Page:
Saturday 8 October 2011

Counsel for a rich church (Revelation 3:14-22)

Rich church, poor church

What is the biggest difference between a rich church and poor church?

Is it money? Does it mean they can afford bigger buildings; a nicer website; advanced equipment - iPads instead of bibles?

Or is it outreach? Programmes for both young and old; projects to help build up the local community; bible translation and church planting in distant countries? Rich churches have more money to do more mission and more ministry than poorer churches.

Today we come to the last of seven churches addressed by the Lord Jesus Christ in the book of Revelation, and it is a church that is rich, in city that is wealthy. This is the church of Laodicea. But notice that Jesus does not tell them to make sure to use their money to fund more programs. Nowhere does Jesus say, “Make sure you give me your ten per cent - before tax!” He doesn’t even warn them, “Don’t be greedy. Don’t discriminate against the poor. Be generous with the wealth that God has given you.” He doesn’t say any of that.

Instead Jesus looks straight at this church full of wealthy, influential individuals, and says, “You are wretched, pitiful, poor. I am about to spit you out of my mouth.”

Try saying that to a CEO of a multinational company driving his Bugati Veyron Sport down to his villa in South France. “You’re poor. I pity you.” He will probably laugh at you and think you are mad. Or worse, he might get angry and say, “Who do you think you are talking to me that way?”

Well, who does Jesus think he is? We begin with verse 14.

The words of the Amen

To the angel of the church in Laodicea write: These are the words of the Amen, the faithful and true witness, the ruler of God’s creation.
Revelation 3:14

Where the NIV has “ruler” of God’s creation, some translations have the word “beginning” (Eg. the ESV reflecting the Greek: arche; which I take to be a more accurate reflection of the text); meaning Jesus introduces himself with three titles: (1) the Amen, (2) the faithful and true witness, (3) the beginning of God’s creation. But I hope to show you how these three titles flow from one identity of Jesus, and also how these three titles flow from Jesus’ relationship with the church. How they relate to Jesus; how they relate to us - the church.

The identity of Jesus Christ: There is a close connection between these three titles - a flow, if your like. The first two are easy: “Amen” in Hebrew, simply translates “faithful and true” in the Greek. It’s what we say at the end of our prayers, “In Jesus’ name, Amen.” That is, we are committing ourselves to what we’ve just prayed - This is true. When the whole church togther says, “Amen”, we are saying that we all agree. (That is why is it important that when we lead in prayer before the church, we say what is consistent with the truth of the bible. So that everyone can respond, ‘Amen’: It is true.)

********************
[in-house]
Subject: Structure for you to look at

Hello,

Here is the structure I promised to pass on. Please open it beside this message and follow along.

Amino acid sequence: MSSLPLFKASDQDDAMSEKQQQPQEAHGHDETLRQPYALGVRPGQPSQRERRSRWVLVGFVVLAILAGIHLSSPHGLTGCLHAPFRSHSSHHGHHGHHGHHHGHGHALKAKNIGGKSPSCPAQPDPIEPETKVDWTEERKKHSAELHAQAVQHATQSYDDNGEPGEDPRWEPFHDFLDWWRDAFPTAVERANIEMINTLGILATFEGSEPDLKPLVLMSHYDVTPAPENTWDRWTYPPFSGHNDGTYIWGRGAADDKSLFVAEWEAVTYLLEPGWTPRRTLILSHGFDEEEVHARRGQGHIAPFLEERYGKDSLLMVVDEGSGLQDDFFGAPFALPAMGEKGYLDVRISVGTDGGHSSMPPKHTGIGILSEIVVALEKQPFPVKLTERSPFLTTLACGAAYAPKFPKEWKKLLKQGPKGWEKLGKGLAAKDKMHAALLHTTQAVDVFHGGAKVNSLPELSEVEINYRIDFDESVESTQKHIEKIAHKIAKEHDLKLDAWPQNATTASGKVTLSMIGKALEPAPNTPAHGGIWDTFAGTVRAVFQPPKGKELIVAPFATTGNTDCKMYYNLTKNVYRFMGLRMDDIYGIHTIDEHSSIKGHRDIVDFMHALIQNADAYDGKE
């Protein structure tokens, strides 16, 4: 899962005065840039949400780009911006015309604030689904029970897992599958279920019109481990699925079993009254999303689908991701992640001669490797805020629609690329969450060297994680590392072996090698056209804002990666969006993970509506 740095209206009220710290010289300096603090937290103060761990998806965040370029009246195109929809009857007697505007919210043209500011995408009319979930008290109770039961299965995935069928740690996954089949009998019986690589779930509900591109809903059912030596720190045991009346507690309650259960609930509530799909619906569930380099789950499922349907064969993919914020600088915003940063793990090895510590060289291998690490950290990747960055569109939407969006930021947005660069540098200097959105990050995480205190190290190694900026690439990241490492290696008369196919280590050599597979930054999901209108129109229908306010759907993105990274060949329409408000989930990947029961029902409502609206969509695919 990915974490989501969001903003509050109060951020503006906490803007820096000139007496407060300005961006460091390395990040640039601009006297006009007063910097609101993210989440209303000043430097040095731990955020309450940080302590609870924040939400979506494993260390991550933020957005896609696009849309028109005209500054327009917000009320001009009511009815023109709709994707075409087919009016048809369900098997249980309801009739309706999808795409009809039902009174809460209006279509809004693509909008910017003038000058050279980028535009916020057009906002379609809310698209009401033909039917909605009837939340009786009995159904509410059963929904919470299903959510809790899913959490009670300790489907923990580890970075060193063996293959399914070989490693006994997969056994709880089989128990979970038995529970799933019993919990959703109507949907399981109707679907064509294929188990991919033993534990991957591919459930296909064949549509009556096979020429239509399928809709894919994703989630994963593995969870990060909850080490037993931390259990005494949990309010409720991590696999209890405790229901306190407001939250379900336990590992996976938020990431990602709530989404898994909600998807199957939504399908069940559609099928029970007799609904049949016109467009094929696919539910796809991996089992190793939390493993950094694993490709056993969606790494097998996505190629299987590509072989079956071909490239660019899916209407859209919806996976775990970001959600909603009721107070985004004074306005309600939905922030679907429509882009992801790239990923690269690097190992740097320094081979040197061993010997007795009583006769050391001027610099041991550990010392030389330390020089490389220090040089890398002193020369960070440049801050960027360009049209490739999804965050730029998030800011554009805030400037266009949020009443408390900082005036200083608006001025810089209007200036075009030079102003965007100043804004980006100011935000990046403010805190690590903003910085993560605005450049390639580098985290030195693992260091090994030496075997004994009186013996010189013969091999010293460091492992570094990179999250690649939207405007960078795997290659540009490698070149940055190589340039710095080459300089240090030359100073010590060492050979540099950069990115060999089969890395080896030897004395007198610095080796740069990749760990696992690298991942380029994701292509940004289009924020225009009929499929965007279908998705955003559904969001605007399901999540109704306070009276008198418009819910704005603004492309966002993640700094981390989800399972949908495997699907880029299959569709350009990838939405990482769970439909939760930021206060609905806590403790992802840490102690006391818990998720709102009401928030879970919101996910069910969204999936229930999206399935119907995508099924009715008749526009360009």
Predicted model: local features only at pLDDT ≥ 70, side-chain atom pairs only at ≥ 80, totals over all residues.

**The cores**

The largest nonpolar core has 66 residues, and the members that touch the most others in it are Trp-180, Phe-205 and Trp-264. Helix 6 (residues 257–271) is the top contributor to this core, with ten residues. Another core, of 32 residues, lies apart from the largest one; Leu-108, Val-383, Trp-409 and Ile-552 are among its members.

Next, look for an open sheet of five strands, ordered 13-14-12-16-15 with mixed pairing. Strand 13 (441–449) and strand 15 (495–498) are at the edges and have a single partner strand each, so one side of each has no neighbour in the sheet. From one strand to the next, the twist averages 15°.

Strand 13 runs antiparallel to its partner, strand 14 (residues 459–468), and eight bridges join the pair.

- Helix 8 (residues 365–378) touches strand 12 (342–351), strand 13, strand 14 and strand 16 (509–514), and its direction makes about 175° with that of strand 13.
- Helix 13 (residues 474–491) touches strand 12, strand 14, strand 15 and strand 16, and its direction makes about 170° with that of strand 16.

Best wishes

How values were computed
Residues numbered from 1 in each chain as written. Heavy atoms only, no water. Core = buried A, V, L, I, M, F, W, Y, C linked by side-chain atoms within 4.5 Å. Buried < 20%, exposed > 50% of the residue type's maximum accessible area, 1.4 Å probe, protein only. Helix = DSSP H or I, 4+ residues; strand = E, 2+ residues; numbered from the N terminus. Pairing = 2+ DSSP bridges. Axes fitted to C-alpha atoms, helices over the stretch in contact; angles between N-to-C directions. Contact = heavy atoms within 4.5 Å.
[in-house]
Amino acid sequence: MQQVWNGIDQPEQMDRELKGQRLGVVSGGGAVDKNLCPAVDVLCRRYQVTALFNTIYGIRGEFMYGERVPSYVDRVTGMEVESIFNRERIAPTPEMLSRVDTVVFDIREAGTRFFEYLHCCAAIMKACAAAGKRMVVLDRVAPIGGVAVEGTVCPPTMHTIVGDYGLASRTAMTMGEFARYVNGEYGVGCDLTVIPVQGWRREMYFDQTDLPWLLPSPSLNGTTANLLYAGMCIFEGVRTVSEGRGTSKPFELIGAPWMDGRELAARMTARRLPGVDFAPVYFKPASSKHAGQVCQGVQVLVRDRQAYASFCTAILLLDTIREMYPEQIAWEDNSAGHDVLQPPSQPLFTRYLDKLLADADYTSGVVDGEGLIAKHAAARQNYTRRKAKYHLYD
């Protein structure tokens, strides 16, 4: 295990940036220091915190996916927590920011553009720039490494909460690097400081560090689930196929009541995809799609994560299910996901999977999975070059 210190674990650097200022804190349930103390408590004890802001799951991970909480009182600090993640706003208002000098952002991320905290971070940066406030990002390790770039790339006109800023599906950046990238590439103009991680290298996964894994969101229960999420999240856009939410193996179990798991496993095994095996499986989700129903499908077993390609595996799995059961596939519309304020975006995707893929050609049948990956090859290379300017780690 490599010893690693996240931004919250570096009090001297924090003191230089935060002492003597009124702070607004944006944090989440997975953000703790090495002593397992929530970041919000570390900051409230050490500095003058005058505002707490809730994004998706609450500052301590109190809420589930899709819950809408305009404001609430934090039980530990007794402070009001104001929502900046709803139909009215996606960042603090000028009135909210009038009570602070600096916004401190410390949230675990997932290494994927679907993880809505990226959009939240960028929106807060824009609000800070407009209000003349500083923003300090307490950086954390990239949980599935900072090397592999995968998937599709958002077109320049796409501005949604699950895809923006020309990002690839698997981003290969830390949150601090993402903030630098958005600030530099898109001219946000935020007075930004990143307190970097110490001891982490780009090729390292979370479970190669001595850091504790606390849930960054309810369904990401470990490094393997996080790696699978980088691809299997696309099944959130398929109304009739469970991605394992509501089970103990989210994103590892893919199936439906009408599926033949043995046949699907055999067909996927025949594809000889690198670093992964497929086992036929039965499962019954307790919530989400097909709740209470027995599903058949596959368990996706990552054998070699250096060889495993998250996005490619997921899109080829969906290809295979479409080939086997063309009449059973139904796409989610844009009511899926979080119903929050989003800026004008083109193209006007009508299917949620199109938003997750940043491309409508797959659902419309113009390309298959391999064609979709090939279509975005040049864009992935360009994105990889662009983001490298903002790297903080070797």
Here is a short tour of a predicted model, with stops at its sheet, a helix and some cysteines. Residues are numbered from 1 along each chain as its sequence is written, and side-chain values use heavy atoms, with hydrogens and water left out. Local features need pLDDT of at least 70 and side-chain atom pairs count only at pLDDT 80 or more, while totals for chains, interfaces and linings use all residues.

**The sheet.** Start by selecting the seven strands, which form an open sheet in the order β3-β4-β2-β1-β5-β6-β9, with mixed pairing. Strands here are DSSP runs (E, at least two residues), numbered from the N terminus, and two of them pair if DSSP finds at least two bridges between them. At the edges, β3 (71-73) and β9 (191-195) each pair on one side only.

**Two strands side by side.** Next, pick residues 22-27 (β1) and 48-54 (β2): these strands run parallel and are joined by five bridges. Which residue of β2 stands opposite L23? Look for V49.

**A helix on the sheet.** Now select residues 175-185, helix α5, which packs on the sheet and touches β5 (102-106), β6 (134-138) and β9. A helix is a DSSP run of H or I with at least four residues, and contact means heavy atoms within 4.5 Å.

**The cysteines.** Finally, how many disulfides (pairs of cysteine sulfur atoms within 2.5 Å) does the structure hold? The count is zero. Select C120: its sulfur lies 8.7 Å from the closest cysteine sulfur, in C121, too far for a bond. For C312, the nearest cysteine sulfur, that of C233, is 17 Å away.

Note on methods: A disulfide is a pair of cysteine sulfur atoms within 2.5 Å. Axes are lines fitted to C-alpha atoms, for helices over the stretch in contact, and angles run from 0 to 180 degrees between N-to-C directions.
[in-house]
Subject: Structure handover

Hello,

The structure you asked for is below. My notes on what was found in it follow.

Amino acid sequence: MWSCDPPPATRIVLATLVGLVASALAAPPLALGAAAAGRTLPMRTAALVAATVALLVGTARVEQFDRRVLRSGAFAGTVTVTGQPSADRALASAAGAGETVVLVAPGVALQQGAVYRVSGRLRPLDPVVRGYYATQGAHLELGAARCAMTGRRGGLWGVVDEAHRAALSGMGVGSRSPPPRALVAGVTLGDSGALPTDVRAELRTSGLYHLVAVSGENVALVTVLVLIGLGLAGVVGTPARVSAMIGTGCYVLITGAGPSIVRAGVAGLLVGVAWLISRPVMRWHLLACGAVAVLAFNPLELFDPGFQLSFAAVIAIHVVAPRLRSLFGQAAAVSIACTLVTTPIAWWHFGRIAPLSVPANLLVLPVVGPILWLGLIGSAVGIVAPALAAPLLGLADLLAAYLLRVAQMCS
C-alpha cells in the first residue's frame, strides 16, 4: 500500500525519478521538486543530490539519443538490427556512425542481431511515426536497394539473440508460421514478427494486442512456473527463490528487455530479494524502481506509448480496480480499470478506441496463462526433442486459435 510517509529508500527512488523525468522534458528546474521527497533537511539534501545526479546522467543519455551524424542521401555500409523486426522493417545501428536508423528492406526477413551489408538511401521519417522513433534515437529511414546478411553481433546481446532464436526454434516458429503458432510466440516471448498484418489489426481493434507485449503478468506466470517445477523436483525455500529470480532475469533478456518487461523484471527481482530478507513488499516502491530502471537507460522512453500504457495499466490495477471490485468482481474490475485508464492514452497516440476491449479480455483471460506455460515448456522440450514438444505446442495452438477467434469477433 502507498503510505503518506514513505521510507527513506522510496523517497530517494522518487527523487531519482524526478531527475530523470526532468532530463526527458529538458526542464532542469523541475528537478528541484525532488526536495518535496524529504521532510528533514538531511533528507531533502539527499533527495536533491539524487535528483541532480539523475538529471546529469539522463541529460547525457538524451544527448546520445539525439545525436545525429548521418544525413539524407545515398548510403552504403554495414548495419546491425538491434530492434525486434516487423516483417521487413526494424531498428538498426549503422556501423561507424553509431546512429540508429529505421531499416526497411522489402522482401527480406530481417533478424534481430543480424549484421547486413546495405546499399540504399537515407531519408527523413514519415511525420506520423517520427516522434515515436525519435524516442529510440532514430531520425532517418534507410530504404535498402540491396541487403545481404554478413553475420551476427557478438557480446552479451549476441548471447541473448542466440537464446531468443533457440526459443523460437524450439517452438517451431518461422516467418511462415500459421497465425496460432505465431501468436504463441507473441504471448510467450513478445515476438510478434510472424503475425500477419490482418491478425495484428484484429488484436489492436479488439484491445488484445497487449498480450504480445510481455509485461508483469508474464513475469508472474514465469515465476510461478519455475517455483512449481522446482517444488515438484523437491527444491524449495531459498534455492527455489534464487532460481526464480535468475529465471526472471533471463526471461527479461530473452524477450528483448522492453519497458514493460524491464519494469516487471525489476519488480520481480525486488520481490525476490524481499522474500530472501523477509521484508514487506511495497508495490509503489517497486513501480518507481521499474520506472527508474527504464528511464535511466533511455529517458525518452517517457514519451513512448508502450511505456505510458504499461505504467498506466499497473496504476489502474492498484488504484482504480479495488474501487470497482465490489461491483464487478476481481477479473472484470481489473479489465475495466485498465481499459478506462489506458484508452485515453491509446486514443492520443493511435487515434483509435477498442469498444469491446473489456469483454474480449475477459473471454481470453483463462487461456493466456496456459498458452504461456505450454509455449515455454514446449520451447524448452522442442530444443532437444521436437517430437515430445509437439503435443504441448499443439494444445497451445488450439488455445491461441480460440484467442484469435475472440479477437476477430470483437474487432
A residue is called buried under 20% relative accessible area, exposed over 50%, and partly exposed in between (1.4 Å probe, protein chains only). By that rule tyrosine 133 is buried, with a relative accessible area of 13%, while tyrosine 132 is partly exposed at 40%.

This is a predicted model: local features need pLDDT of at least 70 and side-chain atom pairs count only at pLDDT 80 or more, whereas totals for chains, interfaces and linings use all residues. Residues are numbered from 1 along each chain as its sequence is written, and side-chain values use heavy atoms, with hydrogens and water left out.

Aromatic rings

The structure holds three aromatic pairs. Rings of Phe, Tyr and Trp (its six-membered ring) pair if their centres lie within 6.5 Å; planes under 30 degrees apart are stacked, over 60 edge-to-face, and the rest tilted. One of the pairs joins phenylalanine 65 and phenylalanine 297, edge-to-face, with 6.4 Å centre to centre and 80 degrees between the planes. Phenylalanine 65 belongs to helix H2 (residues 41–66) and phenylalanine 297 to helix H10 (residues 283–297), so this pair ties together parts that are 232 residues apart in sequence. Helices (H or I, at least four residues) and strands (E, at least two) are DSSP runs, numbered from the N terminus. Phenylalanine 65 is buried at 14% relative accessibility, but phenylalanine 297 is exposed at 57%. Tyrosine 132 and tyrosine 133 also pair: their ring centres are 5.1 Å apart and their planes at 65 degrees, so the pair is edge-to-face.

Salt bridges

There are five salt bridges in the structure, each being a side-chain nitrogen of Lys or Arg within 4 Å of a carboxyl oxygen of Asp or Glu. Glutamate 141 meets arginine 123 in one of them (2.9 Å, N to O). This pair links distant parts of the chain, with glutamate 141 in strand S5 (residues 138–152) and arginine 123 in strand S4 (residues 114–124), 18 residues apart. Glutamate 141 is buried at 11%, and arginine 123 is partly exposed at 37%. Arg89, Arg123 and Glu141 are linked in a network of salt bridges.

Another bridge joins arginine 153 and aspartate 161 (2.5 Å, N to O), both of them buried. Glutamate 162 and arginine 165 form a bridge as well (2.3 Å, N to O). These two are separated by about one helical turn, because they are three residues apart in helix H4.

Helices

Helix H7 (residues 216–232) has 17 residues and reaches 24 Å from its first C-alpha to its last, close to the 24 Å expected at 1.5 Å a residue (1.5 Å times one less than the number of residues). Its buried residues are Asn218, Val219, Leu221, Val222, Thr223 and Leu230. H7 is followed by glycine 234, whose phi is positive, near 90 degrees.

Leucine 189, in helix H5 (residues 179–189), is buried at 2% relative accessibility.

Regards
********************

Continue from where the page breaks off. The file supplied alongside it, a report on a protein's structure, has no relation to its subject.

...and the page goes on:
Here Jesus is saying you can trust what he is going to say, because these words are true but also Jesus is the Amen. He is the truth.

Additionally, Jesus calls himself the beginning of God’s creation. Here, we are meant to recall John’s gospel Chapter 1, “In the beginning was the Word and the Word was with God and the Word was God. He was with God in the beginning.” And the next thing John writes, “Though him all things were made.”

This is the Word that is true; this is the Word that is God. Through him all things were made.

The three titles come together to reveal Jesus’ identity as the agent of God’s creation and therefore rightly, as the NIV implies at the end of verse 14, the ruler of God’s creation.

But what does this have to do with the church? Well, verse 14 isn’t just talking about the first creation; it actually points forward to the new creation. Colossians 1:18 calls Jesus “the beginning and the firstborn from among the dead”, speaking of the church.

You may also remember that over the past few weeks I have said that “witness” has this double meaning of someone who gives a reliable testimony a court-room, but also someone who witnesses through his sacrifice. It is where we get the word “martyr”. Through his witness or sacrifice on the cross, Jesus brought in the new creation. He redeemed the new creation, that is, out of the original creation stained by sin and standing under God’s judgement, Jesus paid for the church by taking our punishment of death upon himself. He redeems this new creation out of the old with his own death.

Who does Jesus think he is? He is the Amen, the faithful and true witness, the beginning of God’s (new) creation - the church. He paid for this church is Laodicea with his own blood.


And now he says to the Christians in this church: